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Social capital and health during pregnancy: an in-depth exploration from rural Sri Lanka

Publikation: Bidrag til tidsskriftTidsskriftartikelForskningfagfællebedømt

Dokumenter

  • Thilini Chanchala Agampodi
  • Vildekilde, Thilde
  • Suneth Buddhika Agampodi
  • Nicholas Glozier
  • Sisira Siribaddana
Background: Dimensions of social capital relevant to health in pregnancy are sparsely described in the literature.This study explores dimensions of social capital and the mechanisms in which they could affect the health of ruralSri Lankan pregnant women.Methods: An exploratory qualitative study of solicited diaries written by pregnant women on their social relationships,diary interviews and in-depth interviews with key informants was conducted. A framework approach for qualitativedata analysis was used.Results: Pregnant women (41), from eight different communities completed diaries and 38 post-diary interviews.Sixteen key informant interviews were conducted with public health midwives and senior community dwellers.We identified ten cognitive and five structural constructs of social capital relevant to health in pregnancy. Domesticand neighborhood cohesion were the most commonly expressed constructs. Social support was limited to supportfrom close family, friends and public health midwives. A high density of structural social capital was observed in themicro-communities. Membership in local community groups was not common. Four different pathways by whichsocial capital could influence health in pregnancy were identified. These include micro-level cognitive social capital bypromoting mental wellbeing; micro-level structural social capital by reducing minor ailments in pregnancy; micro-levelsocial support mechanisms promoting physical and mental wellbeing through psychosocial resources and healthsystems at each level providing focused maternal care.Conclusion: Current tools available may not contain the relevant constructs to capture the unique dimensionsof social capital in pregnancy. Social capital can influence health during pregnancy, mainly through improvedpsychosocial resources generated by social cohesion in micro-communities and by the embedded neighborhoodpublic health services.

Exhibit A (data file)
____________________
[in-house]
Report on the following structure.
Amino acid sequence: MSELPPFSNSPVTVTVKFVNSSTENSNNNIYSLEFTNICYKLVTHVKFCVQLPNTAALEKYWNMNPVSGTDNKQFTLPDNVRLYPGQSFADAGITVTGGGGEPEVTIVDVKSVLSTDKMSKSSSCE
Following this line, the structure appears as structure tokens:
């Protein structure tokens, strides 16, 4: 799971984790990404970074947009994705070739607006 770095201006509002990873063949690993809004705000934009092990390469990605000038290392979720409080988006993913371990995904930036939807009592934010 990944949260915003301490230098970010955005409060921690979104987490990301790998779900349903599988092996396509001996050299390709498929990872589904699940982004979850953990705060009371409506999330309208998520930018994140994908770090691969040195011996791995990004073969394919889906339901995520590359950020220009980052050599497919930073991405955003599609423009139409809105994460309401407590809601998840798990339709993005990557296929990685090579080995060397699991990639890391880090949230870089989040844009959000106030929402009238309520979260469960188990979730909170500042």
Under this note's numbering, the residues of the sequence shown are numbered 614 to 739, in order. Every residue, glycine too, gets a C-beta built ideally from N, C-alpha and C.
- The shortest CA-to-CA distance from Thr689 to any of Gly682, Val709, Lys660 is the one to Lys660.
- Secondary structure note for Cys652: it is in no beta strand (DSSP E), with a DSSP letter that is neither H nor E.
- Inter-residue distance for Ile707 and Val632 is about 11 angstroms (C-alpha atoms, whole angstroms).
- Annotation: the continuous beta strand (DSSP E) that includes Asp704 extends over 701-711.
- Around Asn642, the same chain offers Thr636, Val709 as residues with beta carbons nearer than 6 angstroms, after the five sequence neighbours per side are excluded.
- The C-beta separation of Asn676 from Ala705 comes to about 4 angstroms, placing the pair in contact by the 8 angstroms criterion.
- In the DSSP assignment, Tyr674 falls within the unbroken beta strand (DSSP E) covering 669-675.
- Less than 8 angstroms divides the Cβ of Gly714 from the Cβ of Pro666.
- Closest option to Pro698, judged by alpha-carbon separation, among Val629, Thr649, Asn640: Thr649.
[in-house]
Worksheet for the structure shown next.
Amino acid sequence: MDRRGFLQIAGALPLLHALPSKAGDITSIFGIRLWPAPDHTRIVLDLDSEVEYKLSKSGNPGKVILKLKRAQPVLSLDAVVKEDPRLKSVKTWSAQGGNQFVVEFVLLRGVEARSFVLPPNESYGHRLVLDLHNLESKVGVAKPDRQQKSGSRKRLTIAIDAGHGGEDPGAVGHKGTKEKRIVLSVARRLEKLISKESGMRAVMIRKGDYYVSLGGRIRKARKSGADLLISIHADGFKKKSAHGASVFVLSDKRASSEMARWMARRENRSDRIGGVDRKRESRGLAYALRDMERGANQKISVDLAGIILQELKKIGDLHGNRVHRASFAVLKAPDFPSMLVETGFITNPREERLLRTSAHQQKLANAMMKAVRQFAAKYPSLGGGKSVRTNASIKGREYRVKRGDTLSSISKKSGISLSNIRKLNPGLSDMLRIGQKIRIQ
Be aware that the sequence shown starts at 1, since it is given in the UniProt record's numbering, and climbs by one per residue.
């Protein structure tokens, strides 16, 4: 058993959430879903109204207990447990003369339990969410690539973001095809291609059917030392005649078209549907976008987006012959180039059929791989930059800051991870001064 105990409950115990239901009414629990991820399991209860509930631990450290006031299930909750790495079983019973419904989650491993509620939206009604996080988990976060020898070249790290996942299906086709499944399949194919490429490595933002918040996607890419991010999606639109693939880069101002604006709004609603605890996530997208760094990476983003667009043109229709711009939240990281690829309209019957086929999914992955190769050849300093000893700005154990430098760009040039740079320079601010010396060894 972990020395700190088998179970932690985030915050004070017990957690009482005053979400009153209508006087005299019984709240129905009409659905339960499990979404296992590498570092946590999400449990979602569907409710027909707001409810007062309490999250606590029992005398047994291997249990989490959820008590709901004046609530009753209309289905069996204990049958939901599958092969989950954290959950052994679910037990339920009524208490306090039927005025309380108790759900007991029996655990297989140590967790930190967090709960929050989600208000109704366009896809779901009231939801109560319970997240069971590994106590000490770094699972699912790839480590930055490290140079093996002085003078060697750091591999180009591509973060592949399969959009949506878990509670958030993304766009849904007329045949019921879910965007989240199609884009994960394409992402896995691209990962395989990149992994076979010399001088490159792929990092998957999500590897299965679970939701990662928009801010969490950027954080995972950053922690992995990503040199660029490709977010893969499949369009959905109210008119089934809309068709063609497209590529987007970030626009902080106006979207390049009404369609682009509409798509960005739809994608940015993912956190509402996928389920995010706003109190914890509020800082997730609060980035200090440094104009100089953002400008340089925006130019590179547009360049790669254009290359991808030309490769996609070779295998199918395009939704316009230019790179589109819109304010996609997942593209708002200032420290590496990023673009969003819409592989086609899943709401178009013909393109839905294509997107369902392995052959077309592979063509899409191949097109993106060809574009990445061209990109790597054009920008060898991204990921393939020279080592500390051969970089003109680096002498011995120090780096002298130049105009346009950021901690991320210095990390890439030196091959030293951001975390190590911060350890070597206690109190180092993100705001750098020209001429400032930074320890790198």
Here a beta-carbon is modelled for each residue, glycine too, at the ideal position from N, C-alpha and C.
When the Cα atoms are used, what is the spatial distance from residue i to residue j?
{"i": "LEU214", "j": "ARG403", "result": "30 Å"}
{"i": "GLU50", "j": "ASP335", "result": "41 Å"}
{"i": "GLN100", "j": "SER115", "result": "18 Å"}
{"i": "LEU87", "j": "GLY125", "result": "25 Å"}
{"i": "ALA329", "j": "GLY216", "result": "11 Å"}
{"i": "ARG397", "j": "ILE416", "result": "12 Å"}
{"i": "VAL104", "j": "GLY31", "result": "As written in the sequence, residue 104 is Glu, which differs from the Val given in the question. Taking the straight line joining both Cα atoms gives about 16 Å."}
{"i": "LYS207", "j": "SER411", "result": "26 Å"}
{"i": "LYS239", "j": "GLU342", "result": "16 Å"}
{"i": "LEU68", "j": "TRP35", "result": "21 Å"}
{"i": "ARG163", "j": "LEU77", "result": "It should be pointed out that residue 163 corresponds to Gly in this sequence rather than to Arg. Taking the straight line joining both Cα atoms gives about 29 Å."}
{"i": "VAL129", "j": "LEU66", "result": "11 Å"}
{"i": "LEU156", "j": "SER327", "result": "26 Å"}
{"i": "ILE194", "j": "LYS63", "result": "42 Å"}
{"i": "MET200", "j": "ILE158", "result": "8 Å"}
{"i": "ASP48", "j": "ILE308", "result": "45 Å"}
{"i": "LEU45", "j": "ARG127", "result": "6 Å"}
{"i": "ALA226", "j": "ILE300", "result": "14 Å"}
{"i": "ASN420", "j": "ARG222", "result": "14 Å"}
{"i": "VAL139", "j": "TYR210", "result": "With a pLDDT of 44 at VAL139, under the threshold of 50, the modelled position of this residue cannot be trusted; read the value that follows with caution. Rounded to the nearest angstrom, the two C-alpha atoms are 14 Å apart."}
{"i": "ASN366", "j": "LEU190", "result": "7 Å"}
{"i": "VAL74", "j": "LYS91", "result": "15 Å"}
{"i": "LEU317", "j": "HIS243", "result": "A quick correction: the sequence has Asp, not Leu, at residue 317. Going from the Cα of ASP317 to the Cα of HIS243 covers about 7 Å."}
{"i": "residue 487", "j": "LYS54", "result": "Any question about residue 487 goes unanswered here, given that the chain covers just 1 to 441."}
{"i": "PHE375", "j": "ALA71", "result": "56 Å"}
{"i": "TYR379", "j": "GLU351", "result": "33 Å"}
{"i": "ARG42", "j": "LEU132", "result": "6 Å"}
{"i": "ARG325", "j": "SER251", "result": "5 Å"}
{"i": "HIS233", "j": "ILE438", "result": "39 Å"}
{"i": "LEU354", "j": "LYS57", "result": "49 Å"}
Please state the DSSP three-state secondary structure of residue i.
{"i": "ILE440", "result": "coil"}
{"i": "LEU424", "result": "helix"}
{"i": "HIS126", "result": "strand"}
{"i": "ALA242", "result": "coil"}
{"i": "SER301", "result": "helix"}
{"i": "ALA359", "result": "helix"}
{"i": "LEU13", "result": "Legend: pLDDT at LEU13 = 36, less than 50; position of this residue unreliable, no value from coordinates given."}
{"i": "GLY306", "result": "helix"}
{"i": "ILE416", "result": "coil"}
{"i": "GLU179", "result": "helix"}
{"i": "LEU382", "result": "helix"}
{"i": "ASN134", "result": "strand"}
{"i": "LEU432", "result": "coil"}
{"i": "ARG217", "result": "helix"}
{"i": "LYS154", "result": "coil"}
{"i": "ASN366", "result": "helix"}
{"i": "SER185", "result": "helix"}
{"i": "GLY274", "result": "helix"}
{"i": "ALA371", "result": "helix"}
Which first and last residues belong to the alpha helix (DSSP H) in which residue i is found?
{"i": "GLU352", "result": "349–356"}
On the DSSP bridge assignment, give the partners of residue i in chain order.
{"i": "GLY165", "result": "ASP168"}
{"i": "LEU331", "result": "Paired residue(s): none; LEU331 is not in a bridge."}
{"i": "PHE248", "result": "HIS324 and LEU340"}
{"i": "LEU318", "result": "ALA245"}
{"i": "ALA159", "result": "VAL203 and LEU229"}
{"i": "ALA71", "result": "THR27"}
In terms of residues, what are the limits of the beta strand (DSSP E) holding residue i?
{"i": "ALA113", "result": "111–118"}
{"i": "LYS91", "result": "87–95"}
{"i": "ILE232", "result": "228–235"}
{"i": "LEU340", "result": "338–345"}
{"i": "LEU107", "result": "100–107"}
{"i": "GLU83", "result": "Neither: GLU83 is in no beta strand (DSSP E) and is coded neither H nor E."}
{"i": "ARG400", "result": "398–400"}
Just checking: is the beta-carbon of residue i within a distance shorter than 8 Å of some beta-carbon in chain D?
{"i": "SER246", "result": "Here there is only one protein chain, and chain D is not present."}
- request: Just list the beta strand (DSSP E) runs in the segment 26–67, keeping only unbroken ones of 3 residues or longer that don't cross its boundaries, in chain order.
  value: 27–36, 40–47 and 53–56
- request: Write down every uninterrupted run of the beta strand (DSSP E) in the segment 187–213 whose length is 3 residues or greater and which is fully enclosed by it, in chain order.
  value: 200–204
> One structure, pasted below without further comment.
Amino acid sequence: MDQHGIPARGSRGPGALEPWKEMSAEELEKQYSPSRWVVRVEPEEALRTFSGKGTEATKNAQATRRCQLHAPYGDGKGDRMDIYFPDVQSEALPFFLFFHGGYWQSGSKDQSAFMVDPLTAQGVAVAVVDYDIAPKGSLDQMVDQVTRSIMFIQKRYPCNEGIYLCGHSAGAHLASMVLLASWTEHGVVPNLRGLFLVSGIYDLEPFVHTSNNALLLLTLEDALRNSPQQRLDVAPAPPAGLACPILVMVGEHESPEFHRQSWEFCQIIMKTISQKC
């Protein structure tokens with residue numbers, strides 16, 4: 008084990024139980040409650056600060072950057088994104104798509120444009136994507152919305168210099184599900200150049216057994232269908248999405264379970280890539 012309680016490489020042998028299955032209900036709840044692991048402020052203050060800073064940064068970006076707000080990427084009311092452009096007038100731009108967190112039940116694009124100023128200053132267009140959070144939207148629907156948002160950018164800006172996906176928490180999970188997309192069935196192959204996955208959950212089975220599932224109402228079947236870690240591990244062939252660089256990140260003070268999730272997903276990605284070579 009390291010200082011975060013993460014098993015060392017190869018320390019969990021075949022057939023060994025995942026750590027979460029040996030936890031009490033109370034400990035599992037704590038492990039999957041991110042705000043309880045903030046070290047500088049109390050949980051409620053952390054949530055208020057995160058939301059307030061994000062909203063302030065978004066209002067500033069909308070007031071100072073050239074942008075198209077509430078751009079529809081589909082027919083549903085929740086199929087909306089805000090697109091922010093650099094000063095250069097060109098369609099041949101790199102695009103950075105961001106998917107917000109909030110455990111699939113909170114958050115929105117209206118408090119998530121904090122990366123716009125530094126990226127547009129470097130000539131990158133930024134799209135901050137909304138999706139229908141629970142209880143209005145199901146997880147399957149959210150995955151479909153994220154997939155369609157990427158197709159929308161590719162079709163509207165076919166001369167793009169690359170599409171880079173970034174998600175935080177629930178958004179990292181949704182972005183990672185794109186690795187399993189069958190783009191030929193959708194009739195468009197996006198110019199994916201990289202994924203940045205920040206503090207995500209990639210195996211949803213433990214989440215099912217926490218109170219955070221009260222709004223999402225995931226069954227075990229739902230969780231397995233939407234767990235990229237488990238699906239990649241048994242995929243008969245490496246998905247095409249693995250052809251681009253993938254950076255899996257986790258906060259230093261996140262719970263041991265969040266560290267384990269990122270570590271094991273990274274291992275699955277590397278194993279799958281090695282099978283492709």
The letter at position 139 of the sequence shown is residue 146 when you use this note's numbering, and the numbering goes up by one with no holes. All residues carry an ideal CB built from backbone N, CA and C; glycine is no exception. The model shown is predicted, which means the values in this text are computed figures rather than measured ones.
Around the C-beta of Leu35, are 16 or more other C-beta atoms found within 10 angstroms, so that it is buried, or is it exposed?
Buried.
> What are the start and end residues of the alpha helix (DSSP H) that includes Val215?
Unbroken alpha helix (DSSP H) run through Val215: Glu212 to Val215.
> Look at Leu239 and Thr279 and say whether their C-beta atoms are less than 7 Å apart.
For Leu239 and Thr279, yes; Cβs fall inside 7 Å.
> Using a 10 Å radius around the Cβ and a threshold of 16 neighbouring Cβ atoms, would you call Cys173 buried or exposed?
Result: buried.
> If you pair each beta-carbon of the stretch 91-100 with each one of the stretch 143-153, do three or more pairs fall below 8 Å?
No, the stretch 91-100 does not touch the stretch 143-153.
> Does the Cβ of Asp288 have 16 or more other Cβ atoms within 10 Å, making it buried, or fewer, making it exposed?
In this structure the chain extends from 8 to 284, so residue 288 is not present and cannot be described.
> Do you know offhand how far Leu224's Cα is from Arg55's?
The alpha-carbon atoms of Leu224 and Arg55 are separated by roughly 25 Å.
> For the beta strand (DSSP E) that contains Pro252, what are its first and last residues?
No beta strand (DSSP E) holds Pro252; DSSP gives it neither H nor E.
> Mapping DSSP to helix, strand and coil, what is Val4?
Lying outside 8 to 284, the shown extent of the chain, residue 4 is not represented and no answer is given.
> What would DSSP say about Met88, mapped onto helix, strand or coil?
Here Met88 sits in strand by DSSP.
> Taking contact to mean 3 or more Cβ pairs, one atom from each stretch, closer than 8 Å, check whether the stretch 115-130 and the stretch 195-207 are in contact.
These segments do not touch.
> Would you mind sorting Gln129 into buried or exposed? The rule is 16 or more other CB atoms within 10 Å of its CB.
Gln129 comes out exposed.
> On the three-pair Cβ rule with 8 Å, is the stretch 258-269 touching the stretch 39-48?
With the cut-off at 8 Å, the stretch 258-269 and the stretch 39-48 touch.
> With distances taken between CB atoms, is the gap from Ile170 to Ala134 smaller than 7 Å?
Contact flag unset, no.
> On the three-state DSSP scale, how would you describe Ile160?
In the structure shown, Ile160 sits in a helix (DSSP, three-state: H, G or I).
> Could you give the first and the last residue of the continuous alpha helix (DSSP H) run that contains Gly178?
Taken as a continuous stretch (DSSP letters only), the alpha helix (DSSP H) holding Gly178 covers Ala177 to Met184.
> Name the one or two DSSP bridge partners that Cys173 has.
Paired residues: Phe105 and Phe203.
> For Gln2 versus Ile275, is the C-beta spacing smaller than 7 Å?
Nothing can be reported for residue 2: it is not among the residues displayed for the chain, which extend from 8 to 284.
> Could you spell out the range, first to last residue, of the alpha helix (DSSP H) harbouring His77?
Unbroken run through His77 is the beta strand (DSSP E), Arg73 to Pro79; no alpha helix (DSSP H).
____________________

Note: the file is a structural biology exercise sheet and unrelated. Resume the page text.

OriginalsprogEngelsk
Artikelnummer89
TidsskriftReproductive Health
Vol/bind14
Sider (fra-til)1-19
Antal sider19
ISSN1742-4755
DOI
StatusUdgivet - 27 jul. 2017

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